Nia Sadler has been a resident of Winston-Salem for most of their life until recently when they moved to Boston to pursue their dance career. They discovered the organization Triad Abolition Project (TAP) in 2020. It was a fairly new organization but it has taken off since its founding last year.
Nia’s main goal is to provide a safer alternative to prisons and to eliminate the dangers of prisons. While this is a large task to do, they work on spreading the word of unlawful actions in prisons and helping incarcerated people already in the system.
Nia has been involved in many powerful and purposeful movements along with TAP. They have participated in marching and protesting around local prisons, group letter writing to incarcerated people, and events involving speaking on prison abolition and entertainment. Along with these things, they were a crucial member of the 49-day occupation of Bailey Park held by TAP on behalf of John Neville in June and July 2020.
Neville was a Black man, Greensboro local, and incarcerated person. He was killed in the Winston-Salem prison system by the guards. He was asleep in his cell when suddenly he fell off the top bunk of his bed and started having an intense medical problem. When the guards proceeded to handcuff him behind his back and strap him into a chair, he was clearly in a lot of pain. After the guards took him out of the chair they were unable to take off the handcuffs, John got nervous and five guards proceeded to kneel on his back. He screamed and shouted that he couldn’t breathe. Two days after the incident, Neville died in the hospital. The case didn't come out until seven months later in July 2020.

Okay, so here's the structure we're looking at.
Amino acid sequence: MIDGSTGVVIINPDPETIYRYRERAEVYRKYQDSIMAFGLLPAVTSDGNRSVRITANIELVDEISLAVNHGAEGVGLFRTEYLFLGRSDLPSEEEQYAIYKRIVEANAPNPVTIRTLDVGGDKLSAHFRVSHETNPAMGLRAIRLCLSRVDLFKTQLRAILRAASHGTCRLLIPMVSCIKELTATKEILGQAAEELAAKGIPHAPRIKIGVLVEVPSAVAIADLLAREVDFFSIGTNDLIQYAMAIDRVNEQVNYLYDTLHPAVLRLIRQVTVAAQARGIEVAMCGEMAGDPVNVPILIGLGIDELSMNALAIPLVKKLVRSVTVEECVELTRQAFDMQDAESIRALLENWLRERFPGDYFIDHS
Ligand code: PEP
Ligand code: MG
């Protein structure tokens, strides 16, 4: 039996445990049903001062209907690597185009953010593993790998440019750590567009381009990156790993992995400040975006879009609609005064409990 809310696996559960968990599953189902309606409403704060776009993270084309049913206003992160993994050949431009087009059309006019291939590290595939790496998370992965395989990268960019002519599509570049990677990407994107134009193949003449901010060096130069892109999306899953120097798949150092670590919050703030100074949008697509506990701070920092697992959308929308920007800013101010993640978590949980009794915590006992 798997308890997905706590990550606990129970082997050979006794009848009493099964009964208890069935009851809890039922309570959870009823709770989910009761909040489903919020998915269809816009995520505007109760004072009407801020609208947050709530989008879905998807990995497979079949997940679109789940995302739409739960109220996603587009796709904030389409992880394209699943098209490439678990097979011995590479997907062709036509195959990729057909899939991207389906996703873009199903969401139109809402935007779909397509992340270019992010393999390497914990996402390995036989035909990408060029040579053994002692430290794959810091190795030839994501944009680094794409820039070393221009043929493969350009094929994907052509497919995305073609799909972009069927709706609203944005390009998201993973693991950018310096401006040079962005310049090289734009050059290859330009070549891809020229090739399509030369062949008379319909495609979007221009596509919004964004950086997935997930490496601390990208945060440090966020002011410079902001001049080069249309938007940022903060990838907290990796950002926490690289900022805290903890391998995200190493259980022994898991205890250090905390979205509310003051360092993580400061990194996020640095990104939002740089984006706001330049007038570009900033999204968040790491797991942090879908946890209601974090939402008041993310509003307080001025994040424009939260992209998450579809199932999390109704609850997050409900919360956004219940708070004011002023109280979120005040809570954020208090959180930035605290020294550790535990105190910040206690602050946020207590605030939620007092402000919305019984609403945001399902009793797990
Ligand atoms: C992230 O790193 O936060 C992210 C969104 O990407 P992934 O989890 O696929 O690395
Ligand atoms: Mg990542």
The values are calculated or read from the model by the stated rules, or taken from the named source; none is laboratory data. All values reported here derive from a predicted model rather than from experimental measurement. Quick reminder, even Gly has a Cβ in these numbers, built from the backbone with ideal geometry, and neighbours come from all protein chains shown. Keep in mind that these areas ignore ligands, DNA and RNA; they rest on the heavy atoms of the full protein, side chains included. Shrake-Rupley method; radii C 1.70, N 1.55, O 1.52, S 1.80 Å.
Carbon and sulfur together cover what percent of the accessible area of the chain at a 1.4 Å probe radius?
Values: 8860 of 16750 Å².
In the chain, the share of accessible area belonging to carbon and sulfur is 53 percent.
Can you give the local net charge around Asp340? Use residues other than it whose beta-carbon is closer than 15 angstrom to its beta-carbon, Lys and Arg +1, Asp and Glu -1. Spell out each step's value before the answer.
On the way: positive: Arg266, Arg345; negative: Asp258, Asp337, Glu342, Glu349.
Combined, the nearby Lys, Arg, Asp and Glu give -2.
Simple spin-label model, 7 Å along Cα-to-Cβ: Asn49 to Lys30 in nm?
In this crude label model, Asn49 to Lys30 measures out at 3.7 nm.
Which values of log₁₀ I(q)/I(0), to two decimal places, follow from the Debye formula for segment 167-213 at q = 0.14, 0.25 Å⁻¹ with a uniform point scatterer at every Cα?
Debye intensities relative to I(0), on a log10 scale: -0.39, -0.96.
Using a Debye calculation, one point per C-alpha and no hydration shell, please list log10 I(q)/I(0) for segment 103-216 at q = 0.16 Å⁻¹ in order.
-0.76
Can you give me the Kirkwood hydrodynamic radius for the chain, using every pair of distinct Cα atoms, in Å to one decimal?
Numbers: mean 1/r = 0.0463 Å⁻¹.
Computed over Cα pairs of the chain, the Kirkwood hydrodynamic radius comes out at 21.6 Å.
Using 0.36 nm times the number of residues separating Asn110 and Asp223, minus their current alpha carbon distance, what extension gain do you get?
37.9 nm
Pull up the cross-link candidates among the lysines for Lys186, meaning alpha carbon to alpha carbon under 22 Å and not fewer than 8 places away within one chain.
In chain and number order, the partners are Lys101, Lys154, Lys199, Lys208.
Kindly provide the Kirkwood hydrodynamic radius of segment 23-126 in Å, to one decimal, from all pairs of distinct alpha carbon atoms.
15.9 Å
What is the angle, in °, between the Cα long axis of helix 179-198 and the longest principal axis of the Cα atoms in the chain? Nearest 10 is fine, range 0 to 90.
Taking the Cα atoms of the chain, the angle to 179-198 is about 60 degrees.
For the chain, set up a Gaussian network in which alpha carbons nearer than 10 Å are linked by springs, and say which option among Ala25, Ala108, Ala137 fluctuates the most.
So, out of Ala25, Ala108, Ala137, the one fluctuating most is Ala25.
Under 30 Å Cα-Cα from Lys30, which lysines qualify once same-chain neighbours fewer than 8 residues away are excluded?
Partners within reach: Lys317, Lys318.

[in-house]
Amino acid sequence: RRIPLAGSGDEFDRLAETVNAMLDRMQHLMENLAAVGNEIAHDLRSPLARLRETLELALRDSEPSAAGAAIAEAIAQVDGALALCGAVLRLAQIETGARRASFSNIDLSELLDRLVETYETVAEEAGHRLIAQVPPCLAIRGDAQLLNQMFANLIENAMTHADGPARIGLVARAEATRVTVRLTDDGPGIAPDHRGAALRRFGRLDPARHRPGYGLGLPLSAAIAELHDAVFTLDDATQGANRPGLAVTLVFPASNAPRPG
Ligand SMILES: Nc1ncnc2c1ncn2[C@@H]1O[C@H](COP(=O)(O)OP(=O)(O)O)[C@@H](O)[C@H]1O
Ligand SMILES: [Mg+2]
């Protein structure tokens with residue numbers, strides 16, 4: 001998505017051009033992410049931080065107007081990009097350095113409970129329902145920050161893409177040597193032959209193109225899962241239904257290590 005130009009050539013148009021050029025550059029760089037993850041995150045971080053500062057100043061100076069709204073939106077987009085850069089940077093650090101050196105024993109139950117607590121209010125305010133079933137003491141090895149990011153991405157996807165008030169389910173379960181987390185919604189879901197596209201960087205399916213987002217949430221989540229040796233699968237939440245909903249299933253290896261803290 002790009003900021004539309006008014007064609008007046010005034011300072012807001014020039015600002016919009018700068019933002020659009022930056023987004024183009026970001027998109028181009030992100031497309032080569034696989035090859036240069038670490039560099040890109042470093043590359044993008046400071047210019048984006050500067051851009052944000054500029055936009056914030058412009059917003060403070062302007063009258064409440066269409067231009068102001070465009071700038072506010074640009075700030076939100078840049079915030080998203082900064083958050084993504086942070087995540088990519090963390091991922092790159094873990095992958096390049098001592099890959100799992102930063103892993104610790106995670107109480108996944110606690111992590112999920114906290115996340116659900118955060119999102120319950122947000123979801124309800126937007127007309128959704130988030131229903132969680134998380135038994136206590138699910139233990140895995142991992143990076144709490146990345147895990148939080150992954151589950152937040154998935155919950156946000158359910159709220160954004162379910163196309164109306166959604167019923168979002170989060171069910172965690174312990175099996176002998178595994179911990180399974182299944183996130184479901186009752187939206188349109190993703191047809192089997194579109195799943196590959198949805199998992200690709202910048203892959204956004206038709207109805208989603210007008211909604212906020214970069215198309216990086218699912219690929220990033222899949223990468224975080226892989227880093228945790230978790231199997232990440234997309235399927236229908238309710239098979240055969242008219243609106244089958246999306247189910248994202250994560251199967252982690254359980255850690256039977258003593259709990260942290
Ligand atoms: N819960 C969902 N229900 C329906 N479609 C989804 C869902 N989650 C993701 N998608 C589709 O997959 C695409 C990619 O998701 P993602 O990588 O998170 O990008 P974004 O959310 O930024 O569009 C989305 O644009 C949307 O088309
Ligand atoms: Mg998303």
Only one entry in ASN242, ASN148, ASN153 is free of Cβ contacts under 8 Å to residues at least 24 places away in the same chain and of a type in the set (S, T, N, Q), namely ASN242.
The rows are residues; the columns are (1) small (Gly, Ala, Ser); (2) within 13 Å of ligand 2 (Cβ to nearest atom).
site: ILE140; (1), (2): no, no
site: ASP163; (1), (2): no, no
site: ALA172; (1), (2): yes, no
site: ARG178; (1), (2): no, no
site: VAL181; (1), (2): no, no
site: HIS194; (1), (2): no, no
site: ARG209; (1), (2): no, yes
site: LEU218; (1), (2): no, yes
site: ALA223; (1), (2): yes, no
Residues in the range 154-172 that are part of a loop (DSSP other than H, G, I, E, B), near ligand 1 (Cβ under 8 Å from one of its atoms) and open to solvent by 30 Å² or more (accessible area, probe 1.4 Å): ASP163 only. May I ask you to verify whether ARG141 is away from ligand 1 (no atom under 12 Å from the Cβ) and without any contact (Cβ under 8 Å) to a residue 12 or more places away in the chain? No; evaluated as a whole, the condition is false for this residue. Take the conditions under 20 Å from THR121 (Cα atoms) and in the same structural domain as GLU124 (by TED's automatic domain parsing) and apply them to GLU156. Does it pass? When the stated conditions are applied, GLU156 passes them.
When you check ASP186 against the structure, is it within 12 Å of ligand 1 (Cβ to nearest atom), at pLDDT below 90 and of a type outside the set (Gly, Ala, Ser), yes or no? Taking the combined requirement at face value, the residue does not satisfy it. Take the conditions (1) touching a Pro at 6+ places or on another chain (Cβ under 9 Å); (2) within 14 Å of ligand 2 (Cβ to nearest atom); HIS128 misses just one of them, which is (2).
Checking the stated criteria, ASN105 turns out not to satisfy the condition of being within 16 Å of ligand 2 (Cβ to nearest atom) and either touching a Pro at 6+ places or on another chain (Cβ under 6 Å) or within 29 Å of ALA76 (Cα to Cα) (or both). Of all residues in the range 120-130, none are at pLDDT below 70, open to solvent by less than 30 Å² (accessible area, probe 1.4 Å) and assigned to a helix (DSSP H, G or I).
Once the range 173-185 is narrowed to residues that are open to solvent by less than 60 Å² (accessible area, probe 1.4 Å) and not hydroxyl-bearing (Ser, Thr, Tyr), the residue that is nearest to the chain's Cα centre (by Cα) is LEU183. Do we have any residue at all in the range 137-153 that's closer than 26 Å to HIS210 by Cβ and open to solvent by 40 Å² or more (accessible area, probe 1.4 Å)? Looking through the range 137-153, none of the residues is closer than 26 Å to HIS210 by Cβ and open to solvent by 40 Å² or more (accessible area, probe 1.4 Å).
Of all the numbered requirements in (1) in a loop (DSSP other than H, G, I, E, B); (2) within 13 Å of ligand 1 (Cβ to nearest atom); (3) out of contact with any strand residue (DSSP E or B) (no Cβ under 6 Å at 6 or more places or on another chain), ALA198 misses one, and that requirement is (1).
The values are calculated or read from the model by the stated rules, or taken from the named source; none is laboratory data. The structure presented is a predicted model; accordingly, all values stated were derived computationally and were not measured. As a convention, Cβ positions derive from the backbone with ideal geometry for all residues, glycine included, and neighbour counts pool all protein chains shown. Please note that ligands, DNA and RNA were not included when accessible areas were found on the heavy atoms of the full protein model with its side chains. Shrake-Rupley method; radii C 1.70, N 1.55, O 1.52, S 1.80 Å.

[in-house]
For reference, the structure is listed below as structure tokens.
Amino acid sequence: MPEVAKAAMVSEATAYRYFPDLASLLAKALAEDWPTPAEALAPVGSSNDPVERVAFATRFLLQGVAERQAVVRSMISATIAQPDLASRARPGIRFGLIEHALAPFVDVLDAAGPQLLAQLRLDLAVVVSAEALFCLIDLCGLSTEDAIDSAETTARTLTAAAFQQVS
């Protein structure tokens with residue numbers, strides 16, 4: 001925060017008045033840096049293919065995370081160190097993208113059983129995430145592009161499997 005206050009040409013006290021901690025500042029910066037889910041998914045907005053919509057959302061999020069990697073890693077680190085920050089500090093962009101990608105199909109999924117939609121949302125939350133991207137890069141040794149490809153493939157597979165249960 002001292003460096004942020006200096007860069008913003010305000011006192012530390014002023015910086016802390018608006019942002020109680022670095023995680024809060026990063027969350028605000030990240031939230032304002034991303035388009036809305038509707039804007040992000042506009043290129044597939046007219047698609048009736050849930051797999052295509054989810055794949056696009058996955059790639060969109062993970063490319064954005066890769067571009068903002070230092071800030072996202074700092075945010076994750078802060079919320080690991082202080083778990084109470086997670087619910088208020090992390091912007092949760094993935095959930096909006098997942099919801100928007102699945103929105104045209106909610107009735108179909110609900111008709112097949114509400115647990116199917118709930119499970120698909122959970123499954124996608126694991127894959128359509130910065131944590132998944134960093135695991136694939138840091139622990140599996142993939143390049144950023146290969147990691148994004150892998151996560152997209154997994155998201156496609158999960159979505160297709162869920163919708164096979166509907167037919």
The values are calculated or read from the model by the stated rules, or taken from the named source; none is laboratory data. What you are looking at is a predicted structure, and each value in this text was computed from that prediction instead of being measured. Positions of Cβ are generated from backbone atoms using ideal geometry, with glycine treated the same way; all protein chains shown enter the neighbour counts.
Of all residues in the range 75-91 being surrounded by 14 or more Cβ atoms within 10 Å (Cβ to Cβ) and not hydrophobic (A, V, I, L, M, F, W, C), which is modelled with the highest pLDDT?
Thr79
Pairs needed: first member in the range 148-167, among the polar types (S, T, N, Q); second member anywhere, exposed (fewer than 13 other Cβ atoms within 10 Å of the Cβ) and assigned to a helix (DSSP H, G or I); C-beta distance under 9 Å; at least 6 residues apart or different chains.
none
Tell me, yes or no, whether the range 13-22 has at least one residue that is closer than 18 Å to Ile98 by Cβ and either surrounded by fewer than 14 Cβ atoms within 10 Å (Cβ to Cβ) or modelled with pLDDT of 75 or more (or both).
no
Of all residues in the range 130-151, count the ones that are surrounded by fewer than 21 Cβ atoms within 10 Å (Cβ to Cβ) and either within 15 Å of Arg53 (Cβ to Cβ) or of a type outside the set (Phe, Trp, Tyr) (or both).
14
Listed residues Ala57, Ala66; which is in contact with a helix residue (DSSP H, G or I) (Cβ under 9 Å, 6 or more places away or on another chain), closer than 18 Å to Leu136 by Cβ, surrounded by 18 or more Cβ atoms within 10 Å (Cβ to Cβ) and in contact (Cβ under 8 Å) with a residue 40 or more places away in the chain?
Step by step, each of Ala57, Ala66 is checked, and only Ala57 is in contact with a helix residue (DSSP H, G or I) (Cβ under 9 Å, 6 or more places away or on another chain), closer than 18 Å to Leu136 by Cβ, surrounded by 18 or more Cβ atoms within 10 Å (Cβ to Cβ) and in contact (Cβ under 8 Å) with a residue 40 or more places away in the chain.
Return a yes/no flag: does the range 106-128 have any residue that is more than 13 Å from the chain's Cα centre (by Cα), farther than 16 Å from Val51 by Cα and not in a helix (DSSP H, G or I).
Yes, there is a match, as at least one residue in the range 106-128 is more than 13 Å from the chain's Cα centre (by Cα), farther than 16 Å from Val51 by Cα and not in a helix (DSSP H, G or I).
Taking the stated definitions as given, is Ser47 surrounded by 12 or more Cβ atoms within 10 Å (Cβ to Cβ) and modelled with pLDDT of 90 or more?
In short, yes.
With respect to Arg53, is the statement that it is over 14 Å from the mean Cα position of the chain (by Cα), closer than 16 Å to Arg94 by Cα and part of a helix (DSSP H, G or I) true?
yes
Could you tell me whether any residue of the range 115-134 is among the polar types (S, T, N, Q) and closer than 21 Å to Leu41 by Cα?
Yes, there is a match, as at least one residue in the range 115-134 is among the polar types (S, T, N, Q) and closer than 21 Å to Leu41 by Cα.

A few days after the report came out, Nia and TAP began an occupation of Bailey Park. The event was supposed to last one day from 10 a.m. until 10 p.m., but their demands were not answered. The occupation lasted 49 days until justice was served. Justice included getting rid of the bent leg prone restraint, one of the direct causes of Neville's death and the sheriff also agreed to notify the public whenever an incarcerated person dies. The occupiers had to withstand lightning storms, rain, and summer heat, and many were arrested, including Nia. There were no illegal actions done at the occupation, but after the police found out about the protest, the city council mandated the gathering illegal due to Covid-19 restrictions on crowd size.
I have talked to both of the founders of TAP and all they had to say were great things about Nia. Both of the founders spoke about how loving a person Nia is and how bright of a future they have. Nia is currently looking for abolition groups in Boston but are very busy with their job in a dance company.
Profile written by Gabriel Roush